Everyone from Oprah to Russell Brand is doing it, why aren’t you?
I’m talking about meditation. In general, Buddhism comprises a way of living peacefully and in happiness while respecting others. But, a large part of this way of living includes practicing regular meditation, which in recent years, has seen an explosion of individuals praising its benefits about being more peaceful, accepting, and content.
There are phrases being thrown around such as: “being present”, “be in the now”, and “are you mindful?”.
There are many books and online resources that teach meditation and praise its benefits (see here and here, for instance). But in this article, I’ll talk about why going on a meditation retreat for several days can be a very effective way of learning how to meditate.
Selecting a Meditation Practice
What type of meditation practice will you choose though? One of the most popular, Vipassana, is a very well known technique that offers ten day retreats to teach new students how to meditate completely free of charge. The foundation runs purely on support from those who have previously attended courses, and only asks for a donation if a student deems that the teaching was worthwhile at the end of a retreat. There are centres all around the world, so it is usually easy to find one near you.
I know there are other types such as transcendental meditation, which Arnold Schwarzenegger sings the praises of. I just found Vipassana first, and it works well for me. If it ain’t broke, don’t fix it. I’m sure other ones offer great benefits as well.
Why Should You Go on a Retreat? Will It Help You Learn How to Meditate?
Is it really worth running away to a retreat for ten whole days, though? I argue yes, as there are several benefits:
1. You can focus.
The meditation retreats take place in secluded areas. You cannot check your phone, answer e-mails, or contact those that are not at the retreat. In fact, you cannot even talk to anyone AT the retreat unless you need to speak to an instructor or a course counsellor! This allows you to focus on only learning the proper meditation techniques without being interrupted by an annoying cell phone call.
2. There is peace and quiet in a positive environment.
You often stay in isolated, forested areas. Of course depending on the centre, you may be sleeping in a dormitory, tent, or private room. But, the surroundings are very peaceful and give you space from the hustle and bustle of the fast-paced life most of us are living everyday. Moreover, everyone there wants to be happier and more at peace with life, so you get a huge boost from being amidst like minded individuals.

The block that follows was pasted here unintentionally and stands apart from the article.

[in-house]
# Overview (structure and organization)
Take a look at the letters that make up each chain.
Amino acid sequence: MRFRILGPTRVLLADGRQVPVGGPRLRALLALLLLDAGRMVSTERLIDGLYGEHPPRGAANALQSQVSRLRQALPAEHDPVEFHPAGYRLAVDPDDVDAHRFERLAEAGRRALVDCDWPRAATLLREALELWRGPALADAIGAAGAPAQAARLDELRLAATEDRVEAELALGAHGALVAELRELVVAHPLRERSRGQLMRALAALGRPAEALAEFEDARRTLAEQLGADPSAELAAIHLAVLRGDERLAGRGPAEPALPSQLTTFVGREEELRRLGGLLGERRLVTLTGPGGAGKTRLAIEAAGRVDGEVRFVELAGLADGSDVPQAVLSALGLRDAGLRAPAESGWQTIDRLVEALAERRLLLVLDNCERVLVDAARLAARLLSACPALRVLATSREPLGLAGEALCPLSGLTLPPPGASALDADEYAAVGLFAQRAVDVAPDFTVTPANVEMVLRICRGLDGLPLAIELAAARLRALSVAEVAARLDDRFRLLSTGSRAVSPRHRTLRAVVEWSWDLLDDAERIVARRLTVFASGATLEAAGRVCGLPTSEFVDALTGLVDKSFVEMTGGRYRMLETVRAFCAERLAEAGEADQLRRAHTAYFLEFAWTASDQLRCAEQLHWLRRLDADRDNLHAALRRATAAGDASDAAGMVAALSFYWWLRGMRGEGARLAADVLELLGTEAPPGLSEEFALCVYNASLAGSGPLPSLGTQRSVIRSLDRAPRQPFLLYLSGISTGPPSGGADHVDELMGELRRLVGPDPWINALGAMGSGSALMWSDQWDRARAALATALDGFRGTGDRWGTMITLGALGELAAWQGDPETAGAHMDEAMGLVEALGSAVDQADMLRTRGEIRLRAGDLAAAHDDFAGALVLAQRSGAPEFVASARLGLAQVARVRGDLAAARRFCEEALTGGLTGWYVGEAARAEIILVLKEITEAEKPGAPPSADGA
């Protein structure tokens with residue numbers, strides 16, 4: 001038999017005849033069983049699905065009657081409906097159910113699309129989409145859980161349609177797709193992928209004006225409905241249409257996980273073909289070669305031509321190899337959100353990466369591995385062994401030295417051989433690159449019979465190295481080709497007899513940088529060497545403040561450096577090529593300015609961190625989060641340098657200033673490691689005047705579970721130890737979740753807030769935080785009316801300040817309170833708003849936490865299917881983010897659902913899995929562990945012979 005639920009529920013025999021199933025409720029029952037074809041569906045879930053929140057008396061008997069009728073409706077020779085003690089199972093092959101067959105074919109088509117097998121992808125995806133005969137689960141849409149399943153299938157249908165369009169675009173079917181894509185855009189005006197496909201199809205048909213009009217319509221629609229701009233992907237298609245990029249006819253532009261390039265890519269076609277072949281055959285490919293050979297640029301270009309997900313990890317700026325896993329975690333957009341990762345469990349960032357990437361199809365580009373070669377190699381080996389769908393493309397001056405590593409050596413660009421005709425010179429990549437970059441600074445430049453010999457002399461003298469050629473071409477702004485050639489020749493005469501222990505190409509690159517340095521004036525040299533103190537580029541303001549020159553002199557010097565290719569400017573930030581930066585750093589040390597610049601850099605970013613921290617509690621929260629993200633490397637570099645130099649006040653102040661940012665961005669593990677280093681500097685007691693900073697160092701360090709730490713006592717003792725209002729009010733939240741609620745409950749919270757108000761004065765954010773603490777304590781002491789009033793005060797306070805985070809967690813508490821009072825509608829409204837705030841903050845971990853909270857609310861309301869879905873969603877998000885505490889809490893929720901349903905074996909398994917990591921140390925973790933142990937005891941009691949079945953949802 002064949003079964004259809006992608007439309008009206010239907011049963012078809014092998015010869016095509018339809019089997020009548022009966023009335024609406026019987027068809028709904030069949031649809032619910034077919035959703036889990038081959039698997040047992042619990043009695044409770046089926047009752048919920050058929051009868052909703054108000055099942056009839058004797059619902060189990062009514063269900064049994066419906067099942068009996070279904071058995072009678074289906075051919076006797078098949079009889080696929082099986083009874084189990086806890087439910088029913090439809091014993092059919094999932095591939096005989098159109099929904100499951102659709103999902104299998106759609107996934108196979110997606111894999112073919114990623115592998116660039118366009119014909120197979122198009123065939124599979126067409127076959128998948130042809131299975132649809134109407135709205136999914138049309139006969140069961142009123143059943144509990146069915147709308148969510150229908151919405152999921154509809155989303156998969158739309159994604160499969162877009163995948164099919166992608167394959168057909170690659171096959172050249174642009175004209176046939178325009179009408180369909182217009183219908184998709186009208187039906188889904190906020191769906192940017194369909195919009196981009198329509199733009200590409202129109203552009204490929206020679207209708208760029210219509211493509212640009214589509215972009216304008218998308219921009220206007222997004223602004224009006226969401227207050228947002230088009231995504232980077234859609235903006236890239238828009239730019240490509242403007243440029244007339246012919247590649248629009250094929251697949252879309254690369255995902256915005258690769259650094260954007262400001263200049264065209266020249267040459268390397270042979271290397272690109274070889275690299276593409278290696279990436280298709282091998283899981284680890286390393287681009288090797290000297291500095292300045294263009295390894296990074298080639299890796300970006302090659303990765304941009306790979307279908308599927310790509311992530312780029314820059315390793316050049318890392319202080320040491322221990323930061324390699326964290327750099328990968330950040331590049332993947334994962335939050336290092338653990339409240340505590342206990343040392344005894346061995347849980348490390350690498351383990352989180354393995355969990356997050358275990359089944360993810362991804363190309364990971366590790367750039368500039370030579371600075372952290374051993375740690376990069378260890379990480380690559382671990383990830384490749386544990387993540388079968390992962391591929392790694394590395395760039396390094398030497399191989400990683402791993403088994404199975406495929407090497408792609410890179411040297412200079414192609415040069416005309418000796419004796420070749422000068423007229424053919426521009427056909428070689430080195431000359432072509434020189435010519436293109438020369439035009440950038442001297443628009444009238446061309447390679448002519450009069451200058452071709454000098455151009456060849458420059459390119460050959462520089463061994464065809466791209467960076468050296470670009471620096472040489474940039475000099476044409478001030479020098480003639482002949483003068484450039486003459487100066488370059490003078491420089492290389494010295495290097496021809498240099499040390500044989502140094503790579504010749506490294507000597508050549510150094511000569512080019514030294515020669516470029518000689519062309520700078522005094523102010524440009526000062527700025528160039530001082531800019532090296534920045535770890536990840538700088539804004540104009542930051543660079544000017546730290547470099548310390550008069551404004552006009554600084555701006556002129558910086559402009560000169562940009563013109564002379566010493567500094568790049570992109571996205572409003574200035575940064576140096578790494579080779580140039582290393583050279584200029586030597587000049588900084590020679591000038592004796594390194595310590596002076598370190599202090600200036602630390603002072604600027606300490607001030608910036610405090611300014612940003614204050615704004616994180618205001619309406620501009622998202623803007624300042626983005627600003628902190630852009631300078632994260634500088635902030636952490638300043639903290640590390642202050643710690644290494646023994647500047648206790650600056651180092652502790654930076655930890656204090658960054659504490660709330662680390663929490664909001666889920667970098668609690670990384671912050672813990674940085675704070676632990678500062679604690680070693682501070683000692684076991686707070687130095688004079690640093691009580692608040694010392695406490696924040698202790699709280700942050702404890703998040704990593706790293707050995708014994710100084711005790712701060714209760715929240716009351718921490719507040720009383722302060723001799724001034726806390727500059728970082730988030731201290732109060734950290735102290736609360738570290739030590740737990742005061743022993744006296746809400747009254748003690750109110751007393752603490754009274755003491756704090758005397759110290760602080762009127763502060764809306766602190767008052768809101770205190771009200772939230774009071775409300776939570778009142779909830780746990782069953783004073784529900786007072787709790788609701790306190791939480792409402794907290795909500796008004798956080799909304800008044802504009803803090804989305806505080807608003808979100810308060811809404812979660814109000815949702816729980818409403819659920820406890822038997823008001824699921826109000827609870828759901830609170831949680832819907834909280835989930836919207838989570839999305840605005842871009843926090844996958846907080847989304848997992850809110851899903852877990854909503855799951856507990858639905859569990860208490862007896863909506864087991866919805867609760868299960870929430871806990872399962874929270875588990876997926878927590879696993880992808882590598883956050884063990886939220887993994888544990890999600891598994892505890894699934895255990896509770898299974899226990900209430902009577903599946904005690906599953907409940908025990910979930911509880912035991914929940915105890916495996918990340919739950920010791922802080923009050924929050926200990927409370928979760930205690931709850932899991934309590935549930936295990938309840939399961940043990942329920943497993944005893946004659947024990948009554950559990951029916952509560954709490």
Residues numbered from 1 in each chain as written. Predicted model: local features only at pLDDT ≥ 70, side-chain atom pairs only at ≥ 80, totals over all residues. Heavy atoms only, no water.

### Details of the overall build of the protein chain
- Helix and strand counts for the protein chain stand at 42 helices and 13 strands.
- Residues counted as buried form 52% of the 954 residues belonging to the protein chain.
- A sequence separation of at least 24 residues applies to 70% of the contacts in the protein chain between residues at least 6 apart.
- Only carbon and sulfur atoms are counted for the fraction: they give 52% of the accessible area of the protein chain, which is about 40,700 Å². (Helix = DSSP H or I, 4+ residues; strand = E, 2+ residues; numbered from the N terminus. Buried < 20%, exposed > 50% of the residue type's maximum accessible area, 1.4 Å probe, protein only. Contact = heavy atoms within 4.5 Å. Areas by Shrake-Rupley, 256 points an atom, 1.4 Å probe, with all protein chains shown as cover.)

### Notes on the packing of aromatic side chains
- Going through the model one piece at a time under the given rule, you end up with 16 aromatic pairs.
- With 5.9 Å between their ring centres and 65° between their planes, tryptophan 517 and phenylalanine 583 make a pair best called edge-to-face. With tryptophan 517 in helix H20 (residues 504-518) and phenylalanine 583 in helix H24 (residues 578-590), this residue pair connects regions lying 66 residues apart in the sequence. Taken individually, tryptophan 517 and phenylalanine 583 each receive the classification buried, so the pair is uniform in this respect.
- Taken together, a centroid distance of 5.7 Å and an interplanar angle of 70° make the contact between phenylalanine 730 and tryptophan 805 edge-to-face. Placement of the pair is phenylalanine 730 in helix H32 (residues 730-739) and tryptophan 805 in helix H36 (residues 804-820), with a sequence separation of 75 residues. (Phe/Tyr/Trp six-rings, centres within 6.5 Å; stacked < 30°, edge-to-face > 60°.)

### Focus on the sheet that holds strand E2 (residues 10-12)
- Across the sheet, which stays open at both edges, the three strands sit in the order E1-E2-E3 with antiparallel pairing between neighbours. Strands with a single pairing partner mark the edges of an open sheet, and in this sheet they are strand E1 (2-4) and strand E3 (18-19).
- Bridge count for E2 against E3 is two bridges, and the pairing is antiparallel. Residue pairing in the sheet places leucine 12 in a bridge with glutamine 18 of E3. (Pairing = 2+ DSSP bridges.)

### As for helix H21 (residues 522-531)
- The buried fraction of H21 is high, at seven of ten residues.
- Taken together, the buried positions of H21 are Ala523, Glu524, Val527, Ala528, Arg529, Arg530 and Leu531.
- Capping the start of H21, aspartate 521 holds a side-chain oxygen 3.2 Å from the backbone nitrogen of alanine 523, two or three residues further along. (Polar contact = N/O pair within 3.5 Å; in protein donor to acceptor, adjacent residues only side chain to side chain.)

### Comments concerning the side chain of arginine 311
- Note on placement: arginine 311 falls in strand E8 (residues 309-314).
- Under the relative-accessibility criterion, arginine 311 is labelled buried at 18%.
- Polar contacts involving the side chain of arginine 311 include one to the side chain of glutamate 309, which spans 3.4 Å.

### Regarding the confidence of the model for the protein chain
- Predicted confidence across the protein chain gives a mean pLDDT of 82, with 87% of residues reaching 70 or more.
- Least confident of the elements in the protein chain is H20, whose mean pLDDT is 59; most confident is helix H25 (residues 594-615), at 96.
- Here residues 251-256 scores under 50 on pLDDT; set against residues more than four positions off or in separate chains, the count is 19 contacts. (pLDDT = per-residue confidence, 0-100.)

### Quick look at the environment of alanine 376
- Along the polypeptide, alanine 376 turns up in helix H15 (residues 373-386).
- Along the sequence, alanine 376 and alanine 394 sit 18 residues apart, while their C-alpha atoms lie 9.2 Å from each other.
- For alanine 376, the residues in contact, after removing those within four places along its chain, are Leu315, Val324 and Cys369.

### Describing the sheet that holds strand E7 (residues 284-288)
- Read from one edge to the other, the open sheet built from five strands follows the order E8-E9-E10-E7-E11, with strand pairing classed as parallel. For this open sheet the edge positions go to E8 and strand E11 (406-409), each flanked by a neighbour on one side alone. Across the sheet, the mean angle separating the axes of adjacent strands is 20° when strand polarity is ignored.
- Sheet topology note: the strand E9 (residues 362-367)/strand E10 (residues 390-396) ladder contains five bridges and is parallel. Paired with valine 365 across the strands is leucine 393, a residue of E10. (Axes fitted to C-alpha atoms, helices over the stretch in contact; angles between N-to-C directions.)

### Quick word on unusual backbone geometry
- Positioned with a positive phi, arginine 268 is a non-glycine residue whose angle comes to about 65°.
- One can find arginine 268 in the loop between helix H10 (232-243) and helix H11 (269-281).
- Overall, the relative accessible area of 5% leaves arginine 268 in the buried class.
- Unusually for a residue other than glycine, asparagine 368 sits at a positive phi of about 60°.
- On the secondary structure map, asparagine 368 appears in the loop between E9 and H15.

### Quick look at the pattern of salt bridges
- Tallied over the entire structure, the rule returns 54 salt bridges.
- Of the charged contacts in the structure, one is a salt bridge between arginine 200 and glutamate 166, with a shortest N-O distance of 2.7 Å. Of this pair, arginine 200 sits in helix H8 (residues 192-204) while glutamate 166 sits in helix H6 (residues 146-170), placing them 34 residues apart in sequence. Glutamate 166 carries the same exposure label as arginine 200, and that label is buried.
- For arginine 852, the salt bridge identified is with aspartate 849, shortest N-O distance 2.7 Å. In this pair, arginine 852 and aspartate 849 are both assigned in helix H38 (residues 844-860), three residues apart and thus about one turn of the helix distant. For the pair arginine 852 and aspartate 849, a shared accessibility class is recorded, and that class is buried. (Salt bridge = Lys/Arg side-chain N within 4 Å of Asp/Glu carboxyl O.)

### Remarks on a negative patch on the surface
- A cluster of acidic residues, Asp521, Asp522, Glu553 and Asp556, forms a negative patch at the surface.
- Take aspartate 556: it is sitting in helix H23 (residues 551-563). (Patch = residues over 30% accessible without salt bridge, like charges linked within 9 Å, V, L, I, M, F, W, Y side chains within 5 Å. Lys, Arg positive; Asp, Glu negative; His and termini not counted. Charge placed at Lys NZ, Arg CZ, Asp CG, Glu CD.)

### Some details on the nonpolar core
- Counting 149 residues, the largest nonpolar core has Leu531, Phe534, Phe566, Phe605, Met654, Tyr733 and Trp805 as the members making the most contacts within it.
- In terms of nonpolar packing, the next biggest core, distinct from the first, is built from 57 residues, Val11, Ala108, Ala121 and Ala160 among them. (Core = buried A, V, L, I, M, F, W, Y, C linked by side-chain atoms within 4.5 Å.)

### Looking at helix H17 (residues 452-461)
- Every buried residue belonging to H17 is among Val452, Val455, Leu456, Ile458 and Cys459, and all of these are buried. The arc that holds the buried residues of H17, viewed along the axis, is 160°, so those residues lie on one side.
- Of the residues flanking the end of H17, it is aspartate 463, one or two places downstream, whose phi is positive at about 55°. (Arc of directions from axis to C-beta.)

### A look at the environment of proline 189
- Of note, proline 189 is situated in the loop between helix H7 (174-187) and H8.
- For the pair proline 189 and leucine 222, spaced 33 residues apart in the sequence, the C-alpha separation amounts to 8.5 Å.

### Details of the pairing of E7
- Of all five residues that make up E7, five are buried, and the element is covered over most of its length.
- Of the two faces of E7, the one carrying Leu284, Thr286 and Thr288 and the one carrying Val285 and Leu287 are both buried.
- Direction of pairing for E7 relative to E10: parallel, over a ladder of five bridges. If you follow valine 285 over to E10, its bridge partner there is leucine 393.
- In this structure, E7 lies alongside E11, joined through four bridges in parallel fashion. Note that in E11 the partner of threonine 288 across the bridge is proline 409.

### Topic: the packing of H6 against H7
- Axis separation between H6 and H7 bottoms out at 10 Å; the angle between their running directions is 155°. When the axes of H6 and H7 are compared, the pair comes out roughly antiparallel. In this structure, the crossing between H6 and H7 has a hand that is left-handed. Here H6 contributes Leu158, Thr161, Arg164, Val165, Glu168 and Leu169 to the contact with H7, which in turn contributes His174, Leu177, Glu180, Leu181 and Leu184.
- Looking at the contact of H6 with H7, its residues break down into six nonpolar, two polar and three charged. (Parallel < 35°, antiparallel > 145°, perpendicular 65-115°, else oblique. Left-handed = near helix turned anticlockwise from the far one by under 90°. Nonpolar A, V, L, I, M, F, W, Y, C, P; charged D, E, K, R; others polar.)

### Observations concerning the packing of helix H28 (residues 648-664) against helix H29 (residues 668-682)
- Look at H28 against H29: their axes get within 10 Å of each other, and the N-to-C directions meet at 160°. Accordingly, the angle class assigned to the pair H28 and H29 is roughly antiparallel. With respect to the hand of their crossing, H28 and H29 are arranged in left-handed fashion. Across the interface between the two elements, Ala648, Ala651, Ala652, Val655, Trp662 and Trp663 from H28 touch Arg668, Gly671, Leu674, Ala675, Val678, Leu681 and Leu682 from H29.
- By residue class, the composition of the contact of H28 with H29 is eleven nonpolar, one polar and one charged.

3. Your needs are taken care of.
While you need to bring your own clothes and toiletries, amazing food is cooked and provided for you. No stress here!
4. Learned instructors are present.
The instructors at meditation retreats have usually undergone strict training and are used to getting common questions that many students face when beginning to meditate. They can help you overcome problems, strengthen your practice, and provide support during difficult moments. You can’t get that when reading the text of a web page or a book.
5. The focus is on practice, not theory.
While the technique is clearly explained and there are one hour nightly discourses on Buddhist principles, the focus is on actually APPLYING what you learn. The majority of your day is dedicated to practicing meditation, not reading a book.
6. You do not have to accept any religious rights and can still remain in whatever religion you are a part of.
Just because you are going on a Buddhist retreat, it does not mean you have to become a Buddhist or start praising Buddah. In fact, some of the first things you are told are that a) you can still remain in whatever religion you chose to, and b) you can reject any of the teachings if you desire and just use the meditation technique to become more peaceful.
7. You can always leave at any time.
Just because you sign and show up for a retreat, doesn’t mean they’ll take your first born child if you want to leave. If you decide that the retreat is too intense, you are free to leave at any time and can figure out a new way to learn meditation that might be less intense!
Finding Information about Vipassana Meditation Retreats
I personally have found Vipassana retreats to be extremely beneficial and have been to two so far. I plan on going on one every year, and combining it with my travels to go to centres around the world.
If you are looking for a way to get started into meditation and learning how to calm your mind, I highly recommend you find the centre closest to you. You can find out more about Vipassana meditation and the retreats at: https://www.dhamma.org/.